Banking and plans to reduce the carbon footprint |  Business

Banking and plans to reduce the carbon footprint | Business

A new legislative package is expected to be approved in 2023, the sixth sequel, to modify the banking prudential legislation (CRDVI). Undoubtedly, one of its key pieces will be the so-called carbon transition plans. The legislative proposal requires banks to prepare it and banking supervisors to review it periodically, and provides for the European Banking Authority (EBA) to develop the configuration of this new requirement through guides. Consequently, if this legislative proposal is finally adopted —something that seems probable at the current juncture—, it would be convenient to start asking ourselves certain basic questions in relation to its configuration.

Perhaps the first thing we should clarify is what is meant by carbon transition plans. Although its final definition is still not entirely clear, and this will ultimately depend on the EBA, they are being configured as annual programs or plans, approved by the boards of directors, in which the banks will assume specific objectives to reduce their footprint. short, medium and long term, with a minimum objective of achieving the alignment of the activity of the credit institution with the net neutrality of carbon that arises from the commitments of the Paris Agreement of 2015. These plans must cover the emissions derived of the direct activity of the bank (scope 1), of your electricity consumption (scope 2) and also —and more importantly— those derived from their investments and loans (scope 3). In other words, the plans must not only contemplate the activity of the bank itself, but also that of its clients. The plans must specify the measures that the bank is adopting, or will adopt in the future, to reduce that carbon footprint (changes in credit policies, in its investment criteria…). They must also include different scenarios (for example, accelerated decarbonization needs in the face of worse-than-expected climate trajectories) and the tools that would allow the bank to achieve the objectives set in the plan.

The obligatory nature of these plans will simultaneously serve two purposes. On the one hand, the plans should contribute to reducing banks’ exposure to the transition risks that climate change entails. And, on the other hand, to the banks, through the function of financial intermediation, influencing their clients (stewardship function) so that they also reduce their emissions. If banks’ decarbonization goals are contingent on those of their borrowers, banks will have powerful incentives to shift their portfolios toward lower carbon-intensive businesses and economic activities, or to pressure their clients to transition to more carbon-intensive activities. lower emissions.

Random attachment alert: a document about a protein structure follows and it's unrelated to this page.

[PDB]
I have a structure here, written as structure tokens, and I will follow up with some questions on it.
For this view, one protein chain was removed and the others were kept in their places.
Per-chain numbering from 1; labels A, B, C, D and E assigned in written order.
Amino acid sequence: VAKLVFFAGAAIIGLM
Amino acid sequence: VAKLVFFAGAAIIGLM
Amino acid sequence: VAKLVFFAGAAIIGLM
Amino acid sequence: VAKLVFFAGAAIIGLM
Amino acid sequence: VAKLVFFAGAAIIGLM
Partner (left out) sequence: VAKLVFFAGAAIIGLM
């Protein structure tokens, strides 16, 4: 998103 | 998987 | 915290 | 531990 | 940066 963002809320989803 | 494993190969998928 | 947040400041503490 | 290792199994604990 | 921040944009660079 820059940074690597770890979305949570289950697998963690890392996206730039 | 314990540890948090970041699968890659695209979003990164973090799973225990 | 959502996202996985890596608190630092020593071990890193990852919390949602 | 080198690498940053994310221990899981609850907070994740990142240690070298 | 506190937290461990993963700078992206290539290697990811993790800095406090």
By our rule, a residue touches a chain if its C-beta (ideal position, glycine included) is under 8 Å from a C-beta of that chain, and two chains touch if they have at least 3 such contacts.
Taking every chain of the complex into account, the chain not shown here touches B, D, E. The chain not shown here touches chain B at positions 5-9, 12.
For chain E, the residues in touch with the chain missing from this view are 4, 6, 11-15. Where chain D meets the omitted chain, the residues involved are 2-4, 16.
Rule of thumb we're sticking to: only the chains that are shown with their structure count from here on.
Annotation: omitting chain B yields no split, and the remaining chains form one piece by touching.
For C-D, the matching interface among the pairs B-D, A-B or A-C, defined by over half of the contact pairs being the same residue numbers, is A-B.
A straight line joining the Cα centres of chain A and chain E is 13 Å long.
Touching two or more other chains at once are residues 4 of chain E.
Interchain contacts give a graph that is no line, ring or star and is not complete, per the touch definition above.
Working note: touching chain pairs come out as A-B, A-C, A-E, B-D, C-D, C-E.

Although the rationale is clear, these plans raise, in my view, a long list of unresolved questions. To mention a few: what role should banks play in decarbonization? How should decarbonization targets be set? How to ensure that they are comparable between entities?

The first dilemma is perhaps the most basic: should banks become watchdogs of the consistency of their clients’ activities with national or international decarbonization objectives? Should that be their role? In reality, this outsourcing in banking is not that different from the role that banks play with the prevention of money laundering and with surveillance in compliance with international sanctions, where in a way banks are the first line of surveillance. before the activities of its clients.

The second: how ambitious should the goals be? Given that each country has defined its own decarbonization targets (so-called nationally determined contributions or NDC), can banks simply follow the targets set by the States or should they venture further? Be careful, this is not trivial, since if a bank seeks to decarbonize faster than its own country, it could be improving its contribution to climate change mitigation, but —at the same time— it could be intensifying the transition risk for the whole of its economy, by effectively reducing the time that its customers have to adapt to the new rules of the game of a decarbonised economy. And what about banks with a presence in several countries? We all know that not all countries have been equally ambitious in their commitments.

Perhaps the elephant in the room is the third and last of the issues that we are raising today, the well-known and disputed credibility and comparability of information on emissions. There is no doubt that great efforts are being made at all levels in order to improve the quality of the information, but there are still major limitations —for example, and in particular, in the information of the scope 3 on the emissions of the clients themselves. As a result of these improvements, it is foreseeable that the new techniques will make it possible to move towards a customer emissions estimation approach based on their physical activities (and not on financial information, as is currently generally measured), and there is no evidence that these two approaches will reach the same conclusions. Paradoxically, and despite all the efforts that a bank may have made to reduce the carbon footprint of its portfolios, the intensity of its footprint could be increased simply because the way of measuring it has changed (base effect). In short, improvements in emission measurement techniques may result in a lack of comparability not only between entities, but also between the emissions of the same entity at different times.

In short, there are still many questions and few answers. But time is running out.

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